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Missing out

Dear editor:

This letter would be more appropriately addressed to the publisher as Jim Cumming is due a big thank you from me for running his column last week about railroad taxation (or lack thereof) in Ontario.

So Jim, thanks.

With that said, I hope you will allow me to elaborate on this subject. I wish to start out by saying that all of what you said is true as I know it, and that you have pointed out some information that I was unaware of.

NOMA is the vehicle that has taken the message to the provincial government as I have, through them, twice been able to present our case to all parties. AMO is aware of the issue but has yet to push the question, as far as I know.

When I spoke to the governing Liberals, as well as the Progressive Conservatives and the New Democrats, all parties agreed there is a disparity as to how tax is imposed upon right-of-way property in Ontario as compared to other jurisdictions.

When Ted McMeekin was the minister of municipal affairs and housing, he, in the presence of NOMA, asked the deputy minister of finance what the government could do about this oversight. We were told the government would look into the problem and ask the advice of the railway companies.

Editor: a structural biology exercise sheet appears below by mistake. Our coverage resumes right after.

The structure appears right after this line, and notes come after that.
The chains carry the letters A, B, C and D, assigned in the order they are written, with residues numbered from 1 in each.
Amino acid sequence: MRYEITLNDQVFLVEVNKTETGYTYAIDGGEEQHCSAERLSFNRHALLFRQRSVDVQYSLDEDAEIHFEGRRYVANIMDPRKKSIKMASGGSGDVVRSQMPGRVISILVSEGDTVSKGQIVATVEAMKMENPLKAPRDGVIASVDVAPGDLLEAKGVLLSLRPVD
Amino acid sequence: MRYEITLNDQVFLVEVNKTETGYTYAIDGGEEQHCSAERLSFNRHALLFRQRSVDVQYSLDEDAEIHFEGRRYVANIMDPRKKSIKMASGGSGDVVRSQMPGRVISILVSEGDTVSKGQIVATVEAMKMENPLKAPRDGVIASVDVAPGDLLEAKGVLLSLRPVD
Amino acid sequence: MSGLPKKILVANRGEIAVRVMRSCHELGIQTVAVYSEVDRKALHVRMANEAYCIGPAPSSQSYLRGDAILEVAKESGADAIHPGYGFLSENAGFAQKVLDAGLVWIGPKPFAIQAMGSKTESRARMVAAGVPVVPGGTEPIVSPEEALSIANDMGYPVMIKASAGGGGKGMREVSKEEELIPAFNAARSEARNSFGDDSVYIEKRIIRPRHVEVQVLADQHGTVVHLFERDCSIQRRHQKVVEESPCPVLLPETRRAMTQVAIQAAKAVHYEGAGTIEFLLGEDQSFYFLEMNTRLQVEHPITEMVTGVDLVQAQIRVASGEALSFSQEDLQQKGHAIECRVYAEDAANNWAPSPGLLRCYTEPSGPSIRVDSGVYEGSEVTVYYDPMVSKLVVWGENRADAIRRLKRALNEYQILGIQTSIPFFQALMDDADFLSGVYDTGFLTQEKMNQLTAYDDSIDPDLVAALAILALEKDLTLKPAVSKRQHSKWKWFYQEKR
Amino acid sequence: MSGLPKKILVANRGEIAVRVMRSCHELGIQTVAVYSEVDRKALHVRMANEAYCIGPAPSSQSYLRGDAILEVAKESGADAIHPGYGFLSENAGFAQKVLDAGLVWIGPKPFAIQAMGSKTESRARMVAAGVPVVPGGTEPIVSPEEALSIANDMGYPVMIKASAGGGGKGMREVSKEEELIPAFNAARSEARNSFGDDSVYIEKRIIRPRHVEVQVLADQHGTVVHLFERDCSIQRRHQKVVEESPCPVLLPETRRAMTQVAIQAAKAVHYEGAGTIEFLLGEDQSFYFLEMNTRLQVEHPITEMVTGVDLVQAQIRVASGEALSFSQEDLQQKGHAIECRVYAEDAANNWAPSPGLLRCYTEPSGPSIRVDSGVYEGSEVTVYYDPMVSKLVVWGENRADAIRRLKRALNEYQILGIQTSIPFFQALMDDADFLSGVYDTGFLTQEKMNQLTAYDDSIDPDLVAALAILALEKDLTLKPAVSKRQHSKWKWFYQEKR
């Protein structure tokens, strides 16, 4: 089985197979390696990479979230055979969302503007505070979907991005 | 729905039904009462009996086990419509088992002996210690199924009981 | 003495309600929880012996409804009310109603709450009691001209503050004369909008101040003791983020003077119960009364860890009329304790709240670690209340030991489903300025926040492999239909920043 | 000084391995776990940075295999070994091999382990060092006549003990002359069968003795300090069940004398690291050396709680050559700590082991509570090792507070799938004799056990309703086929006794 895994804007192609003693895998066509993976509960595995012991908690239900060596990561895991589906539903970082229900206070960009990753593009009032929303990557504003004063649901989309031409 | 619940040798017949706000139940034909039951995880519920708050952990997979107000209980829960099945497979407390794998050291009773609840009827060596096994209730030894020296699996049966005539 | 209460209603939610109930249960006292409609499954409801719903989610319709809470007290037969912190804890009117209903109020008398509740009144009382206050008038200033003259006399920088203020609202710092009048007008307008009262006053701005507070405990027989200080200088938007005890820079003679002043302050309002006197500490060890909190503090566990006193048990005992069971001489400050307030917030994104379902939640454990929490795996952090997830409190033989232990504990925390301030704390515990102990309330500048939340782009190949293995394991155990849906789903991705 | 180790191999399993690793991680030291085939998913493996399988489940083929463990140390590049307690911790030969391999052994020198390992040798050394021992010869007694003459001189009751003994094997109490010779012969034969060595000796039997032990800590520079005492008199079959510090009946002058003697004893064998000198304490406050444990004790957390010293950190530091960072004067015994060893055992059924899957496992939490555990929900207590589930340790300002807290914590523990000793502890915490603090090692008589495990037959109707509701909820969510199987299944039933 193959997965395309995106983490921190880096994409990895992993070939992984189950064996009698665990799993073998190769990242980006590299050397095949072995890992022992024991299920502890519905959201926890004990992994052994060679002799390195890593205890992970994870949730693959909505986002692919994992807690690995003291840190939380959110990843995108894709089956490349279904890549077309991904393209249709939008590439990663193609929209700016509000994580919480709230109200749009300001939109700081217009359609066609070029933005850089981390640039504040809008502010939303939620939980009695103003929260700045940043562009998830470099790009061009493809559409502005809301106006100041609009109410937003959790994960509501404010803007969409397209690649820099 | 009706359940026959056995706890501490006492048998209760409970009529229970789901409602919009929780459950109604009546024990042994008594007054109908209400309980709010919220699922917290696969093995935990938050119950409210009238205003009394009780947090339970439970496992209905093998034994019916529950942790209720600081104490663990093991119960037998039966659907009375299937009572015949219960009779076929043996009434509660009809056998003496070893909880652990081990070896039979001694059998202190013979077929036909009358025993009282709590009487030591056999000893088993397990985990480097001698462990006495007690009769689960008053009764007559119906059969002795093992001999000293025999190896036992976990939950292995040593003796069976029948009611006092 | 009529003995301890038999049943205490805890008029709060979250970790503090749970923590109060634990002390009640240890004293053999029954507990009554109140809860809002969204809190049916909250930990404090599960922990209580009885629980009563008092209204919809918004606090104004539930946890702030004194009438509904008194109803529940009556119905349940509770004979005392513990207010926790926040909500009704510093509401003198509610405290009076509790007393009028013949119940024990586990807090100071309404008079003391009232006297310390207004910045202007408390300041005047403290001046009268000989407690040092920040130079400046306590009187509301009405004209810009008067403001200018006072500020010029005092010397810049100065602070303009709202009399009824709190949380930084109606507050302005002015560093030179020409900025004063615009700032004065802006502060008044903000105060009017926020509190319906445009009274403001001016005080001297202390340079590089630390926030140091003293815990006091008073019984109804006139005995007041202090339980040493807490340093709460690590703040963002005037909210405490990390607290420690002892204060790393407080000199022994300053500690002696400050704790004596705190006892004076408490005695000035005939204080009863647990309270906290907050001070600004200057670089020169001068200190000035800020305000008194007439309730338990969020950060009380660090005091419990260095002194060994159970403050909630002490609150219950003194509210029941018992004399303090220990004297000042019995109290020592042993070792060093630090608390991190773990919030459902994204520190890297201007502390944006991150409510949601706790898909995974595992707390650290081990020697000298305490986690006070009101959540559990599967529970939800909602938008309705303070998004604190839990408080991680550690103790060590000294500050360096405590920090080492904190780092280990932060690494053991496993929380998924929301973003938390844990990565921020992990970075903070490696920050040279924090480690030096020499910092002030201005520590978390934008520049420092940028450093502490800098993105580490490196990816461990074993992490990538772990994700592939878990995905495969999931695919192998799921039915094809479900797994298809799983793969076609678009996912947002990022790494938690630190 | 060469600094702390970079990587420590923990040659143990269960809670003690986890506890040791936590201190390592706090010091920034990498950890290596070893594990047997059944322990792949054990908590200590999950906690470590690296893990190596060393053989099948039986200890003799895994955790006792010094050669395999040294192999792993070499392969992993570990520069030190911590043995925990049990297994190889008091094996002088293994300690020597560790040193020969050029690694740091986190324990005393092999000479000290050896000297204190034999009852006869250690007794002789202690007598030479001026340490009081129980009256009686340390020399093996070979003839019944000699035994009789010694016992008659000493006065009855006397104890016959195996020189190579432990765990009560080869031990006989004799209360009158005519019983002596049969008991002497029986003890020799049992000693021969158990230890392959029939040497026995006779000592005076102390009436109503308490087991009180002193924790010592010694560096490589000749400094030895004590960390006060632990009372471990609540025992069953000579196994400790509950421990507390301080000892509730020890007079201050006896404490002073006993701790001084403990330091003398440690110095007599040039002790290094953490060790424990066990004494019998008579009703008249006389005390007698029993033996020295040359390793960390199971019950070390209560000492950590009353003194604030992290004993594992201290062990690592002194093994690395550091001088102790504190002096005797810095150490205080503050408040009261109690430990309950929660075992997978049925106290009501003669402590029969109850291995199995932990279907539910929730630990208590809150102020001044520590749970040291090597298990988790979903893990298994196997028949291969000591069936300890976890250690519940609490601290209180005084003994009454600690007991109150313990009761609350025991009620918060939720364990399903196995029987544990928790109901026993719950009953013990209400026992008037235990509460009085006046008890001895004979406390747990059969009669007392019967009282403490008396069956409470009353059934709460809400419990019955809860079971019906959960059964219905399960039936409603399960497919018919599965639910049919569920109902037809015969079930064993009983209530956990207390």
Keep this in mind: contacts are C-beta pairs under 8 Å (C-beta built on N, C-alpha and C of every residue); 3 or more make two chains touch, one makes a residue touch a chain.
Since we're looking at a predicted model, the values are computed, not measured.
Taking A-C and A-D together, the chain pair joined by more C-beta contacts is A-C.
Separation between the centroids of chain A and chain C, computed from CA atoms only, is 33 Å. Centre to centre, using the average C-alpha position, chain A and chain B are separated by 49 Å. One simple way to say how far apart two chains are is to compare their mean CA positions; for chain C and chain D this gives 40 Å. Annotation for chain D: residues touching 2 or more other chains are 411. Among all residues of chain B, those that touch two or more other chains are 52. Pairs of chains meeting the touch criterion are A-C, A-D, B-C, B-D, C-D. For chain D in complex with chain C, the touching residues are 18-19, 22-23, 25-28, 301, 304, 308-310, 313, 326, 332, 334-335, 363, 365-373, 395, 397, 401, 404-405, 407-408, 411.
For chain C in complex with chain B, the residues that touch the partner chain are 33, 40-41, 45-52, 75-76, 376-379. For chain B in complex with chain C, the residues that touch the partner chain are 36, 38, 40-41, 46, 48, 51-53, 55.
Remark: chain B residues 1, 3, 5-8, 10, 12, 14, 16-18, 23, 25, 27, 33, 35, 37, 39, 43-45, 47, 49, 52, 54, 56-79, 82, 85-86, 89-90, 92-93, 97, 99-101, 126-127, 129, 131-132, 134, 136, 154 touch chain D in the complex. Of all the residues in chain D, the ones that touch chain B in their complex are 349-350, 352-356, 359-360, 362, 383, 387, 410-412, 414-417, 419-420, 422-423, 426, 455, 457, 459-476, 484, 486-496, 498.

Minister McMeekin inquired as to what that would accomplish. That question went unanswered.

Both the PCs and the NDP do not understand why this tax revenue has never been pursued. They both agree that there is definitely a problem.

This taxation situation is a concern for all of Ontario, and not just NOMA and its associated municipalities. No municipality can attain its full tax potential from the railroad companies under the current tax structure as it is applied in Ontario.

Referring back to Minister McMeekin’s inquiry, the government has assembled a working group (of NOMA reps only) and has since requested input from the railroad companies.

The railway companies do not think that more taxation from them is a good idea. What a shock!

I do not believe that more taxation placed on the backs of residents of Ontario is a good idea, either, especially when a whole sector does not pay its fair share.

When does the government ask us if more taxation is a good idea?

AMO is in the midst of a project entitled, “What’s Next Ontario?”—where they are seeking input into the future prosperity of our communities. I have suggested that a fair tax system, where the railroad companies pay their fair share, would go a long way to future prosperity.

They have yet to consider the possibilities.

We, in Ontario, are missing out on hundreds of millions, if not billions, of tax dollars in revenue from railroad companies, on an annual basis, passing through our province.

I am not asking for any special treatment here; only that Ontario allows our municipalities to assess the railroad companies the same as our neighbouring western provinces.


Coun. Ken Perry

Fort Frances, Ont.

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